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Mārtiņš Možeiko
2357 posts / 2 projects
Casey's break down of the keywork "static"
Edited by Mārtiņš Možeiko on
Replying to da447m (#25850)

Inlining is about extra optimizations compiler can potentially do. Often that allows to remove large pieces of unused code, or eliminate common subexpressions. As a result less code is generated - meaning more bytes fit into CPU code cache and fewer bytes to execute, meaning code runs faster.

For example: https://godbolt.org/z/6T1KebExb

You can see in right side of code where inlining is forbidden (or just in general not possible), the compiler generates so much more code. Versus Left side compiler where everything is inlined to simple one instruction mov eax, 450 - way more efficient code.

If you're asking about how code cache works - that is the same as data cache. Every time CPU wants to read next bytes of instruction to execute it must be in L1 cache. If it isn't then it will stall waiting for fetching it from main memory. That's why it prefetches them ahead of time - same way how data prefetching works. Nothing different there.

64 posts
Casey's break down of the keywork "static"
Edited by da447m on
Replying to mmozeiko (#25851)

Thanks for explanation. Basically that inline calculated the whole loop at compile time and replaced with the result? What if that's not possible to know at compile time? Does inline even do any good in that case?

That's why it prefetches them ahead of time - same way how data prefetching works. Nothing different there.

In the case of data, it is conceptually more clear how to try to optimize for cache, e.g. not bloating structs with a lot of stuff that can be processed separated, etc.

How to reason over doing the same with functions? I'm aware this is a hard question and kinda unrelated to hmh. Is this even a thing in Data Oriented Design? Or "hey try to make your functions compact" is really the best we can do?

Is Casey's code using some sort of data oriented design that is noticeable? Or is he for now simply getting logic done first?

Mārtiņš Možeiko
2357 posts / 2 projects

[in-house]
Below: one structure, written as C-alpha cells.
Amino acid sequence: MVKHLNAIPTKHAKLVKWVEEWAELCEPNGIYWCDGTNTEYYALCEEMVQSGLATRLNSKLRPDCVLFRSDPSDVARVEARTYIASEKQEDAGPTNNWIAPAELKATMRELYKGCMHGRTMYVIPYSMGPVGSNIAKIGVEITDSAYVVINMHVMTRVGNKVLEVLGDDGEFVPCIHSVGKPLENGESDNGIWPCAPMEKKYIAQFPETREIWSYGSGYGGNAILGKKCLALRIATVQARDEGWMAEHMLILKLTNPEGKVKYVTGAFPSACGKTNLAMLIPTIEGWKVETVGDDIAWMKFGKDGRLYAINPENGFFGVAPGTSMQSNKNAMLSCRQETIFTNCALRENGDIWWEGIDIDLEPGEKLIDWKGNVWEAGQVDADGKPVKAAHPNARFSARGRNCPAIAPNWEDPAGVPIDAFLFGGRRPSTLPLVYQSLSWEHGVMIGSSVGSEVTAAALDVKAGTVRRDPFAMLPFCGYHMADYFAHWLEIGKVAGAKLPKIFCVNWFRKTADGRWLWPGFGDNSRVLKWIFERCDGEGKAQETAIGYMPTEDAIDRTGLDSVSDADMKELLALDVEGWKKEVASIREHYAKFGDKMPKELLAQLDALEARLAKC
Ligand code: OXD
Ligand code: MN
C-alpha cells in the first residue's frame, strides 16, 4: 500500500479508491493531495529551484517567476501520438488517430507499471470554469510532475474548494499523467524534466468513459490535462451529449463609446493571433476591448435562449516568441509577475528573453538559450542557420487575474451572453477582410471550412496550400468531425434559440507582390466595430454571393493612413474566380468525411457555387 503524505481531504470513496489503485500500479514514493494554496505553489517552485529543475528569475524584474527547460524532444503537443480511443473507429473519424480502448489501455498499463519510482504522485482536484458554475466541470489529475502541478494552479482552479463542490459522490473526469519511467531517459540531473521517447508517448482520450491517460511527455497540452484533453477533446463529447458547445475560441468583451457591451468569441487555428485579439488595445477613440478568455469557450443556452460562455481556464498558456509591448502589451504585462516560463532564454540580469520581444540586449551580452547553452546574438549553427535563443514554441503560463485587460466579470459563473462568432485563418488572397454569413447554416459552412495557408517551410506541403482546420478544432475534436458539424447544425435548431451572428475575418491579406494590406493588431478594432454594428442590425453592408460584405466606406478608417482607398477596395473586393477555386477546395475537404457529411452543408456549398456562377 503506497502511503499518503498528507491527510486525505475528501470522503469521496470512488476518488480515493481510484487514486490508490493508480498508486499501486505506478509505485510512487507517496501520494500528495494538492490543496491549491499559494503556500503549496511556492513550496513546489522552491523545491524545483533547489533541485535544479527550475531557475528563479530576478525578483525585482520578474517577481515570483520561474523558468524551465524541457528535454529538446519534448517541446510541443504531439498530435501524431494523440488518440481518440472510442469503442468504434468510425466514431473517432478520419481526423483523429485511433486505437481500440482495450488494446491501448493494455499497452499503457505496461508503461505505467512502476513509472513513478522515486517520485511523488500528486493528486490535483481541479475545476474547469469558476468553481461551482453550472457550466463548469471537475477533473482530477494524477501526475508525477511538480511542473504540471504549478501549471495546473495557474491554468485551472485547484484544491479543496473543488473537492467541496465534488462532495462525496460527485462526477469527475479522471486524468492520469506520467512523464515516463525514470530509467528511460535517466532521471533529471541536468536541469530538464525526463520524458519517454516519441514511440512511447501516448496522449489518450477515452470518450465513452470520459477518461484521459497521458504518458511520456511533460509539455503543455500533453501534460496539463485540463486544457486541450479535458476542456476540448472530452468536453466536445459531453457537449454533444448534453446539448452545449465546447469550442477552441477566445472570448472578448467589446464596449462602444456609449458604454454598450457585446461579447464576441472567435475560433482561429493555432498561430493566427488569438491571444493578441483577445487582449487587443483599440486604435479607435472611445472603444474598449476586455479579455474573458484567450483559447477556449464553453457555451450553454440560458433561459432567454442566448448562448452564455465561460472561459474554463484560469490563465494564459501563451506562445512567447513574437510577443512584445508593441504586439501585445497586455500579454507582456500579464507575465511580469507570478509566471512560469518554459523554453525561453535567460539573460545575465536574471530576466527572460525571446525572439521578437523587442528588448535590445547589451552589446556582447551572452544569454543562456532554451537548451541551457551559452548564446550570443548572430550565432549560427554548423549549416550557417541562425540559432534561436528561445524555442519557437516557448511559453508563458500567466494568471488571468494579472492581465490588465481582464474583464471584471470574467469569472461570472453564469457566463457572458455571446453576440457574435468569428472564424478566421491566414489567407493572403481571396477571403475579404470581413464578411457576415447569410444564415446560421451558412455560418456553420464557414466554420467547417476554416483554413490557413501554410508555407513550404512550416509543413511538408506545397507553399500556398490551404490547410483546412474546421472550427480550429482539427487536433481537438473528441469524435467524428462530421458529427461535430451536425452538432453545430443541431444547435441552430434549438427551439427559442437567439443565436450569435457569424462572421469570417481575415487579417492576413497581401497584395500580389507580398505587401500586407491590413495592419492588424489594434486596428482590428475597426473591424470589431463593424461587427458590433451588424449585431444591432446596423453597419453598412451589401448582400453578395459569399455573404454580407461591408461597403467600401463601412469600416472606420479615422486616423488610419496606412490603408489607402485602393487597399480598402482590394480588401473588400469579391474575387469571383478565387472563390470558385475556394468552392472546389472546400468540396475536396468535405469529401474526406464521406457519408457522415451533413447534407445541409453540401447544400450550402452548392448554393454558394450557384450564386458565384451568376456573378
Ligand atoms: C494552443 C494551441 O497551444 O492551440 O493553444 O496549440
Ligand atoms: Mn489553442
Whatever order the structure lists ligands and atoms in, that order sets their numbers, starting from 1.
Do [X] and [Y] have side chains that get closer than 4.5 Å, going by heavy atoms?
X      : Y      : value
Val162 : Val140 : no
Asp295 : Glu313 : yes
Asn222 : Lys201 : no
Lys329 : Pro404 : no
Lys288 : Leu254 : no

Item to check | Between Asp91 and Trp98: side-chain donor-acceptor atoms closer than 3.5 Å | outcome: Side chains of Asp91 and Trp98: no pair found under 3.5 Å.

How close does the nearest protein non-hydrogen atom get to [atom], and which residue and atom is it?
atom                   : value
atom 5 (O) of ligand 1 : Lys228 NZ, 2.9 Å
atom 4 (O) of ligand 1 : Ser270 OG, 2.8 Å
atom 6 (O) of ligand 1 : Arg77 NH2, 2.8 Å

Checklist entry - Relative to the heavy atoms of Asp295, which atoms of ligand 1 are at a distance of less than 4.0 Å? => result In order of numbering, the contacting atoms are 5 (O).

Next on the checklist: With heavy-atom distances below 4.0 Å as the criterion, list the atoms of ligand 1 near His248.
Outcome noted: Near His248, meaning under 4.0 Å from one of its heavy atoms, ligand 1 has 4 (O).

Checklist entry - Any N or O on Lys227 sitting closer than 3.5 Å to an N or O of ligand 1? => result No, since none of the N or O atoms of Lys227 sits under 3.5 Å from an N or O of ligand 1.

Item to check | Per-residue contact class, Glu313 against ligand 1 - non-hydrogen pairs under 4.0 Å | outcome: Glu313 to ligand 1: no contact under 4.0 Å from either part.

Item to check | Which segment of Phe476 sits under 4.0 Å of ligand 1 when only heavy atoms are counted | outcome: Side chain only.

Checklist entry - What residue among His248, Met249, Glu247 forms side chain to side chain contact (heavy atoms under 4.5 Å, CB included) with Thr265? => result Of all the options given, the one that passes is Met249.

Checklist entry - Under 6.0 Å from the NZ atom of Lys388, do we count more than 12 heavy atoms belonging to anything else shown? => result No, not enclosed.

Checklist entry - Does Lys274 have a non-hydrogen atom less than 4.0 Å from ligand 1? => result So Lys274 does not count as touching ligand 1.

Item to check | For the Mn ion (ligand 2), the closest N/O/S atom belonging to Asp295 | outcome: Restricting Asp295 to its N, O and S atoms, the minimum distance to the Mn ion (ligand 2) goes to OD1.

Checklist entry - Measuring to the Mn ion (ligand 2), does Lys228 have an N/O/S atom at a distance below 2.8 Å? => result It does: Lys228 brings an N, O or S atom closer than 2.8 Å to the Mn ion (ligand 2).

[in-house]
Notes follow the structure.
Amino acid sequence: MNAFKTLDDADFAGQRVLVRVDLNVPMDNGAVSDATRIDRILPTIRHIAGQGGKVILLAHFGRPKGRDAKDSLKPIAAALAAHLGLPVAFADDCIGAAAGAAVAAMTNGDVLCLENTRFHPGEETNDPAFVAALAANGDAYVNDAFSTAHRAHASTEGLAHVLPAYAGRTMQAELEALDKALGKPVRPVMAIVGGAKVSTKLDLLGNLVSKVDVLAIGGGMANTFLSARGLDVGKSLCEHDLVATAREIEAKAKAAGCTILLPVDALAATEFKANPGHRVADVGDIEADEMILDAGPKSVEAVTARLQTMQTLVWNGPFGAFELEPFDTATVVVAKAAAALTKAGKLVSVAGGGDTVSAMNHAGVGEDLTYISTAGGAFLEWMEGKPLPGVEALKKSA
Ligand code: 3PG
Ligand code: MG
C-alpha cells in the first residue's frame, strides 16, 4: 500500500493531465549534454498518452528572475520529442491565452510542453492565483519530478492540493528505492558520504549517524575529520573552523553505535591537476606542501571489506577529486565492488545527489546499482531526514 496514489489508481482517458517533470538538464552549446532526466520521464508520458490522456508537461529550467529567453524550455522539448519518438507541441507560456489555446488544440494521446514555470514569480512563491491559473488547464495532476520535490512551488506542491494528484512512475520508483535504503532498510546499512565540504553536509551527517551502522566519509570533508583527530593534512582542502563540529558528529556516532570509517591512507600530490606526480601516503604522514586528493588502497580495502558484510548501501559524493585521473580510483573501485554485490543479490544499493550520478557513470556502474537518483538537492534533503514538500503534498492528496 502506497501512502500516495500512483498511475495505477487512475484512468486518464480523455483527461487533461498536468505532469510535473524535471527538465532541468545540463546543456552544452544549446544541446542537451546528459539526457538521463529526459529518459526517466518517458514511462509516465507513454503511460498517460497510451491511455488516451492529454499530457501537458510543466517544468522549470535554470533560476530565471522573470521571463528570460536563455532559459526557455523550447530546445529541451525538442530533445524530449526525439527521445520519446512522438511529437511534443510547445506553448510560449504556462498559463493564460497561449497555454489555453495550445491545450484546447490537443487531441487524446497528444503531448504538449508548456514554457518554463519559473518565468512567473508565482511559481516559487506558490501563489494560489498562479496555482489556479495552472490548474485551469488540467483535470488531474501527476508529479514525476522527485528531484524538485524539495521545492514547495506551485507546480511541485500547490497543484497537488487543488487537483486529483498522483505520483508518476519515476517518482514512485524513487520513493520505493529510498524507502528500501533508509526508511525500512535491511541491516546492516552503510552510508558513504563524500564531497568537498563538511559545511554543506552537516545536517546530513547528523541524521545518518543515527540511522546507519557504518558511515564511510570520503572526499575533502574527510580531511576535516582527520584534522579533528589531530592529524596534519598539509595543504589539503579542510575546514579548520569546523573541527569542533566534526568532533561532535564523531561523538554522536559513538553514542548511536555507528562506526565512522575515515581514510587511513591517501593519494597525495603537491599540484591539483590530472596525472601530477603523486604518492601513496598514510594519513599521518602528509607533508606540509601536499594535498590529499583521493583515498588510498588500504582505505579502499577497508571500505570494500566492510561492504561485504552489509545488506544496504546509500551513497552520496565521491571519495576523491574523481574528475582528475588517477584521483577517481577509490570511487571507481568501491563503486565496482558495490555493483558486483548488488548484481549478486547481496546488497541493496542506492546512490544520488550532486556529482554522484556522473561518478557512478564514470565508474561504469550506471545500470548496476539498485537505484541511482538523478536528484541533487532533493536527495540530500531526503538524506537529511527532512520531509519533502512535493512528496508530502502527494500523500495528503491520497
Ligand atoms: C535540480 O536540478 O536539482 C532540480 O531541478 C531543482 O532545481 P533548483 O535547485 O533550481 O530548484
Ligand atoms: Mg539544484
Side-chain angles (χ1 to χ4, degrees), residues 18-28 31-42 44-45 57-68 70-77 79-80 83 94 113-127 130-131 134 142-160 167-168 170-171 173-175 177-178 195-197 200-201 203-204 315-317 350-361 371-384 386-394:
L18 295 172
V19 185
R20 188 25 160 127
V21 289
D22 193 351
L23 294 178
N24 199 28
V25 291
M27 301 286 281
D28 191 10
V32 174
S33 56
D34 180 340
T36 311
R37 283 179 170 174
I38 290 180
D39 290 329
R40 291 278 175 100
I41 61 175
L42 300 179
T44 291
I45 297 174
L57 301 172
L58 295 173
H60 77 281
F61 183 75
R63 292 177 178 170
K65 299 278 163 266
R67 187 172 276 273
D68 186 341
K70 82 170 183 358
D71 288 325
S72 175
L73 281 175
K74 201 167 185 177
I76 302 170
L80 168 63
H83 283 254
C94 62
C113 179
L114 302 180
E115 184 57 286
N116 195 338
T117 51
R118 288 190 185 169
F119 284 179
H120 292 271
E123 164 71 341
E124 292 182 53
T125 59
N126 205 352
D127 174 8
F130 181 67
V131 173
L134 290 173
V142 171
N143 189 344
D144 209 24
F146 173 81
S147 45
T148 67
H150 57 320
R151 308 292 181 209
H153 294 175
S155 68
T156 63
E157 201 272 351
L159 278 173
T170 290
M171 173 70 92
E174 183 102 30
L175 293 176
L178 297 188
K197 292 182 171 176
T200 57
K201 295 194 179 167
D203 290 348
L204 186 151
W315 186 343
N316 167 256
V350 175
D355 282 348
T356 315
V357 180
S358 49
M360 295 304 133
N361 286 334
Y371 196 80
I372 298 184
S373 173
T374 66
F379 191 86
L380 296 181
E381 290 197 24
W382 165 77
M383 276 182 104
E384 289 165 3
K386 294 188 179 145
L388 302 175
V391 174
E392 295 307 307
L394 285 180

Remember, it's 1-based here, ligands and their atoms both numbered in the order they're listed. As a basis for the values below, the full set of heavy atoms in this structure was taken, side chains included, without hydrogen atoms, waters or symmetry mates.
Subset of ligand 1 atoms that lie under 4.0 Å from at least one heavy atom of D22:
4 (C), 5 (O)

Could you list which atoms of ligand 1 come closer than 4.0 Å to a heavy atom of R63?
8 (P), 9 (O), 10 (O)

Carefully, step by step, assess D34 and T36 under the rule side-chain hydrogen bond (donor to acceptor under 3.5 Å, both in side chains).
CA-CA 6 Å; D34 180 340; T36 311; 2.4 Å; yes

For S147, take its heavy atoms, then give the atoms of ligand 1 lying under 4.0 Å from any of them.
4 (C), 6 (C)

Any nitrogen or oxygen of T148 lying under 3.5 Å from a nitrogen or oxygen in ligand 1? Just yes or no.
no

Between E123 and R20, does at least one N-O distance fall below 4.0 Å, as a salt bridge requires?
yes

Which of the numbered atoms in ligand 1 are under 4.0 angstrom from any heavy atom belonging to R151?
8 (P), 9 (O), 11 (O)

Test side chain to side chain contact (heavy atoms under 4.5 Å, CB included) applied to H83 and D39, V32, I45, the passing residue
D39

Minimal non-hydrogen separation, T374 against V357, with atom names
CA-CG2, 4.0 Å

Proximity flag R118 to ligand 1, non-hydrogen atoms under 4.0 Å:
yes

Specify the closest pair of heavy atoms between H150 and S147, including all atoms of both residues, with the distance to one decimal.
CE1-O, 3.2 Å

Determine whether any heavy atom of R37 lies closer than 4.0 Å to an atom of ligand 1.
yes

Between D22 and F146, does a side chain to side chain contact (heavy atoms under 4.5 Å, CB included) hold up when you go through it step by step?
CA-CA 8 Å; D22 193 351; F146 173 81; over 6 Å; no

Casey's break down of the keywork "static"
Replying to da447m (#25852)

Basically that inline calculated the whole loop at compile time and replaced with the result?

yes, exactly

What if that's not possible to know at compile time? Does inline even do any good in that case?

In such case inline will most likely hurt performance of your code. That's why forcing to inline all the code is bad for performance. Compiler does its best to figure out what to inline or not, but it cannot always make correct decision. To fix this there exists such thing as "profile-guided optimization". First you compile code with compiler inserting special markups, run binary on real data, this markup measures how often/where/how functions are called. Then you compile again and ask compiler to use this information to decide better what places to inline and what not. Because now compiler knows which code is called and how often, it can do better decisions - inline often called code, and don't inline rarely called code & similar.

Usually you don't think much about inlining, because you have very little control over it. Just mark as much functions you can "static" (so compiler thinks nobody else from other TU's will use it) and that's it.

But if you're serious about having compiler automatically optimize inlining, you should do PGO builds. For example of large projects that do this - Chrome & Firefox. Chrome reports this increases performance up to something like 10% - https://blog.chromium.org/2020/08/chrome-just-got-faster-with-profile.html